You may have also heard about the growing popularity of smart contracts. A smart contract is like a written contract in the way that it outlines each party’s obligations. But in a smart contract, those obligations are written in computer code and blockchain is used to self-execute, eliminating the need for additional confirmation to wire funds and allowing parties to codify the closing conditions. Each party indicates its satisfaction with each closing condition unilaterally and once all conditions are met, the smart contract self-executes and immediately wires funds to the receiving parties.
There are also potential tax issues due to the unregulated environment of crypto. The IRS isn’t one to sit back and let taxes go unaccounted for. Cryptocurrency also comes with money laundering concerns. In 2014, Canada amended its anti-money-laundering laws to cover digital currencies.
For all of these reasons, using crypto to fund M&A deals comes with its fair share of risks. While its popularity will likely continue to grow, traditional currencies remain a more reliable option and M&A transactions still benefit greatly from a human touch.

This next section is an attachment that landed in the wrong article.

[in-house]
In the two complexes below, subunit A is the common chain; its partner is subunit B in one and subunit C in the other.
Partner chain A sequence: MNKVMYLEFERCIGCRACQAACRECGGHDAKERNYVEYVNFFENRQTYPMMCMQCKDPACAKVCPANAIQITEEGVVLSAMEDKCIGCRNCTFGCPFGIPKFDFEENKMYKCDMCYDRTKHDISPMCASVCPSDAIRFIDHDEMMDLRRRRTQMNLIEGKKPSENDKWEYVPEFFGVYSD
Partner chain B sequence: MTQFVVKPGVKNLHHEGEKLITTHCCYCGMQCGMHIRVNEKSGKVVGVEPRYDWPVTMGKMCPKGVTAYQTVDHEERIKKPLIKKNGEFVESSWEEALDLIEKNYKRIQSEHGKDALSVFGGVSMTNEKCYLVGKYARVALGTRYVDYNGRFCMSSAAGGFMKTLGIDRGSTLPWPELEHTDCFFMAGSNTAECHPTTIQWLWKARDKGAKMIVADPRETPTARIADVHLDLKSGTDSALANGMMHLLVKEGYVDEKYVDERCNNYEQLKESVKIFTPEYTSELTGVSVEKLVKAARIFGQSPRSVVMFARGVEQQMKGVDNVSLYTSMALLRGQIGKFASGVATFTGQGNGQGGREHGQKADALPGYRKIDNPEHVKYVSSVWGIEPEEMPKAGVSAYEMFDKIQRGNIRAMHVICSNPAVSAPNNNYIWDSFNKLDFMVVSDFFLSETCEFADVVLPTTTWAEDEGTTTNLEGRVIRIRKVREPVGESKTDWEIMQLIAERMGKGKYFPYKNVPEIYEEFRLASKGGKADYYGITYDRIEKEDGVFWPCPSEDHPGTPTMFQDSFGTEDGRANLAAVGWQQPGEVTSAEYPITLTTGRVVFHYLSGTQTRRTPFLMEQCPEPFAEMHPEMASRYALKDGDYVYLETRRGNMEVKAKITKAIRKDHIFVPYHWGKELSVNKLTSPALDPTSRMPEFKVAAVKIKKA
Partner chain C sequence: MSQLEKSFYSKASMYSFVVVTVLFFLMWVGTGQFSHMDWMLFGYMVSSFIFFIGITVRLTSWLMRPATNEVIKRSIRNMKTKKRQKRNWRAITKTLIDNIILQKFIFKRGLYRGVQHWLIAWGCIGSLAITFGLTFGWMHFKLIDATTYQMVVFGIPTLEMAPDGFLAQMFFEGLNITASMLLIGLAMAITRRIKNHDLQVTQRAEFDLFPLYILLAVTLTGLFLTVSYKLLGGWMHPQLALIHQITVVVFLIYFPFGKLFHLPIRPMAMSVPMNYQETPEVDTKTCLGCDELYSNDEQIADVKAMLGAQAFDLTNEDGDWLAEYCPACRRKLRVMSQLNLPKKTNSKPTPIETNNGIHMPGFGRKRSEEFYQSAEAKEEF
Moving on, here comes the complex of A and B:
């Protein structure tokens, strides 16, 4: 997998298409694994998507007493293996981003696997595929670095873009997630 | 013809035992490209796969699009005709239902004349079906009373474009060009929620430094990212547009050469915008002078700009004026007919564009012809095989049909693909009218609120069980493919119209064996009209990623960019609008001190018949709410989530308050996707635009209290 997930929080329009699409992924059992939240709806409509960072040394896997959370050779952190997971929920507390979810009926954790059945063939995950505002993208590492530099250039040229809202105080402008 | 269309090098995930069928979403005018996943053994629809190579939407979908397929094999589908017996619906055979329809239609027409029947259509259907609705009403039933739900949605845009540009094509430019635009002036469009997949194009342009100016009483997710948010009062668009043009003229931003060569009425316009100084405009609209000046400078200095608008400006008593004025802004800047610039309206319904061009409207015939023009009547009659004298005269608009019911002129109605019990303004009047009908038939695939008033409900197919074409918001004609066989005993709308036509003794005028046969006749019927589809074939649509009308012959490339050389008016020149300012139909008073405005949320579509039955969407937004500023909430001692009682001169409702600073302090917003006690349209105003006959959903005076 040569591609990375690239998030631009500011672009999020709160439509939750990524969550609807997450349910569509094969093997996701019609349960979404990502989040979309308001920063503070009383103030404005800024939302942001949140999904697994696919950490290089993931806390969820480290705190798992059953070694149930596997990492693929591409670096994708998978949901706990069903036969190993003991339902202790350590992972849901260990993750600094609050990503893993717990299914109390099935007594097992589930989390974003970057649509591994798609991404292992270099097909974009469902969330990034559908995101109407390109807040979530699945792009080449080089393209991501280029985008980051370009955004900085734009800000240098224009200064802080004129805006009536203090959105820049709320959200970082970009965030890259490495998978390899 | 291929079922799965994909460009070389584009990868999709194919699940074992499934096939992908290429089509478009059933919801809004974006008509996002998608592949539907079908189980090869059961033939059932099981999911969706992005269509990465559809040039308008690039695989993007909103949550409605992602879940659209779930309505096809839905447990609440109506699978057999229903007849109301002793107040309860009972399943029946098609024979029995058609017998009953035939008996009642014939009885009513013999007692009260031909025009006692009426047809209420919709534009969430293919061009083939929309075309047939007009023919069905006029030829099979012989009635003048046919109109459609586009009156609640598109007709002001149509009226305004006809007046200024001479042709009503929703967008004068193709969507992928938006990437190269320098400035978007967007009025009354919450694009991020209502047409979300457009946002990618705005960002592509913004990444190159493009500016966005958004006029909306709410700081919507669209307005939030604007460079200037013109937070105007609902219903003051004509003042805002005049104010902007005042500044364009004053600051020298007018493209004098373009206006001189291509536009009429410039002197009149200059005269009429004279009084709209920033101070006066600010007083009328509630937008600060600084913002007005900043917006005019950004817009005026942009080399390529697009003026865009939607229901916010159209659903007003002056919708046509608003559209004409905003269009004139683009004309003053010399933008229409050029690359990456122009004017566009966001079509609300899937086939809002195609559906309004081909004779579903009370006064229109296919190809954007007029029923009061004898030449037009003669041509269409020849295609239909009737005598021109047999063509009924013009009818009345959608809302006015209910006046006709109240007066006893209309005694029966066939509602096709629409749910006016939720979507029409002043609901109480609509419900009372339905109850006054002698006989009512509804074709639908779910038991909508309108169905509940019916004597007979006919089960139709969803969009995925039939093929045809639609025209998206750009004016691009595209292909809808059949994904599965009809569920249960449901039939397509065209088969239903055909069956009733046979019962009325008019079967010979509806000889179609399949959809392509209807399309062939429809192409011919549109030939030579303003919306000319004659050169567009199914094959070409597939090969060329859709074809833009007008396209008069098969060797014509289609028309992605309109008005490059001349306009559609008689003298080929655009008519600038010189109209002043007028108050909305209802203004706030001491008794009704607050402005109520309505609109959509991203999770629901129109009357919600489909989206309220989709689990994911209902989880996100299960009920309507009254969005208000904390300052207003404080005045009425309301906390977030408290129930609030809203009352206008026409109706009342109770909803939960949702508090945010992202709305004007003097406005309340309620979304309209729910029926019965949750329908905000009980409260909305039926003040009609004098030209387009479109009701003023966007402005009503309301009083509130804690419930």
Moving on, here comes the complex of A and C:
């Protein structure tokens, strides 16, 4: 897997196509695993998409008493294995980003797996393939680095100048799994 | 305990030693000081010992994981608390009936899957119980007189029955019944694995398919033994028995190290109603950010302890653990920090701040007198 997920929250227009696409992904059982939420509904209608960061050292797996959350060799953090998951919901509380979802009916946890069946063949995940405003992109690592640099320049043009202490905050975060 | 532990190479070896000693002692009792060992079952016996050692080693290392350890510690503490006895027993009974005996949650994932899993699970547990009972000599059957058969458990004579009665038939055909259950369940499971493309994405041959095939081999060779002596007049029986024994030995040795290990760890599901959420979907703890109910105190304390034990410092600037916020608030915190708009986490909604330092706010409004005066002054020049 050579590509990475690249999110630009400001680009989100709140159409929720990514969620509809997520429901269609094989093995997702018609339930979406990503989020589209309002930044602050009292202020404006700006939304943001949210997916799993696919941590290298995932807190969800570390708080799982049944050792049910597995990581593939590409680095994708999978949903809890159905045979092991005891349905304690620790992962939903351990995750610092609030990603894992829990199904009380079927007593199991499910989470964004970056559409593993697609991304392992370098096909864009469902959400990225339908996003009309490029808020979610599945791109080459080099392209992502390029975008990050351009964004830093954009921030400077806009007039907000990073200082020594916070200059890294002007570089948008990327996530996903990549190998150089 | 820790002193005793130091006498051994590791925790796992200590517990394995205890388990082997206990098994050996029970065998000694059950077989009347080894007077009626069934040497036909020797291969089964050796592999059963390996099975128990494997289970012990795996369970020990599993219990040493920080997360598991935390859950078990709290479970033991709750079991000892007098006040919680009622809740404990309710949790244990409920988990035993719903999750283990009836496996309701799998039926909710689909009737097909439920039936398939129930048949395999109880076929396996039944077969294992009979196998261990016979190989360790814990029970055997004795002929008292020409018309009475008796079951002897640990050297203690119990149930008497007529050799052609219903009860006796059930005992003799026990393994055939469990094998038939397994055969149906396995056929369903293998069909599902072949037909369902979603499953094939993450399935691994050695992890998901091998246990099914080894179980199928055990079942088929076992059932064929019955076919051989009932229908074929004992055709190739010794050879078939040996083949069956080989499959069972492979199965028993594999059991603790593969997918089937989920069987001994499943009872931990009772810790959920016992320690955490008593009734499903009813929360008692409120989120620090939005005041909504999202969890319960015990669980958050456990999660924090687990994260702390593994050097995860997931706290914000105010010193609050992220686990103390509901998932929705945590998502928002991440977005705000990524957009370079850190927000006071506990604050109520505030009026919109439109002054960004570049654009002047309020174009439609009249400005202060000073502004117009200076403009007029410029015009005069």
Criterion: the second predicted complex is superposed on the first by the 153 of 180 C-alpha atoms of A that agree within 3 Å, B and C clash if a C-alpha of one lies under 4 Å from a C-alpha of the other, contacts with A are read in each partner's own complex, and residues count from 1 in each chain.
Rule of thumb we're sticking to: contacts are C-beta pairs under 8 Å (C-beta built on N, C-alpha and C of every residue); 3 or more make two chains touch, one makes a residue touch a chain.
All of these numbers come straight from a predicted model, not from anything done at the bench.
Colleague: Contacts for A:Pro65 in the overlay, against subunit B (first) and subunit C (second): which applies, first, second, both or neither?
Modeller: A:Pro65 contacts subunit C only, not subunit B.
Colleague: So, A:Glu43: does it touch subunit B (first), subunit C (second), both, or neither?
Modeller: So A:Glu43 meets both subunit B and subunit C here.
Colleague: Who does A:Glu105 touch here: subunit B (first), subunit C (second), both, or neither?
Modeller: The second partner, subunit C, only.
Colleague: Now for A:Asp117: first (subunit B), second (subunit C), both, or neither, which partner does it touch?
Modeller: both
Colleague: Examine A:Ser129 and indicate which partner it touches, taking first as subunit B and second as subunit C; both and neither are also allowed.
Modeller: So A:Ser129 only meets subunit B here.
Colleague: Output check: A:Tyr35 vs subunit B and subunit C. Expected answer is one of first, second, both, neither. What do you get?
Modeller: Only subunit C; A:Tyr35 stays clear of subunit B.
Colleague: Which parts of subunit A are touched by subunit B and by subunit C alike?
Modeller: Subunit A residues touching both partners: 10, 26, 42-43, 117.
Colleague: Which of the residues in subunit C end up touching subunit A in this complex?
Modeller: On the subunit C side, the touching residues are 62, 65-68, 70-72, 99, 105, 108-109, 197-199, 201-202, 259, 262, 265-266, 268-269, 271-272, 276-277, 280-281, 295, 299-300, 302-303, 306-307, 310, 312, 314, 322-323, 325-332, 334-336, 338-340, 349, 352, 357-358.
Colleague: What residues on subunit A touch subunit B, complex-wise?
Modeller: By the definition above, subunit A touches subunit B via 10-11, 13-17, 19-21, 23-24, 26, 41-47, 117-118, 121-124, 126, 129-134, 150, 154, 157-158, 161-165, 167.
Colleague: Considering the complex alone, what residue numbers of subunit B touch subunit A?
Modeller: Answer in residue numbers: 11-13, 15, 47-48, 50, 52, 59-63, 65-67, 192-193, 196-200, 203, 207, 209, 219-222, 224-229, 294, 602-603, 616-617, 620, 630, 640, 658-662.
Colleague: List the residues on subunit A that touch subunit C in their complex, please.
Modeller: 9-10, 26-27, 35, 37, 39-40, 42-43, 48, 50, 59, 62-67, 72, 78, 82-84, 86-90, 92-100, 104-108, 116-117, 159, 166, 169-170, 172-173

Americas: Sam Smoot at +1 (813) 898 2350 / Smoot@BenchmarkIntl.com
Europe: Michael Lawrie at +44 (0) 161 359 4400 / Lawrie@BenchmarkIntl.com
Africa: Anthony McCardle at +27 21 300 2055 / McCardle@BenchmarkIntl.com
ABOUT BENCHMARK INTERNATIONAL
Benchmark International’s global offices provide business owners in the middle market and lower middle market with creative, value-maximizing solutions for growing and exiting their businesses. To date, Benchmark International has handled engagements in excess of $7B across various industries worldwide. With decades of global M&A experience, Benchmark International’s deal teams, working from 14 offices across the world, have assisted hundreds of owners with achieving their personal objectives and ensuring the continued growth of their businesses.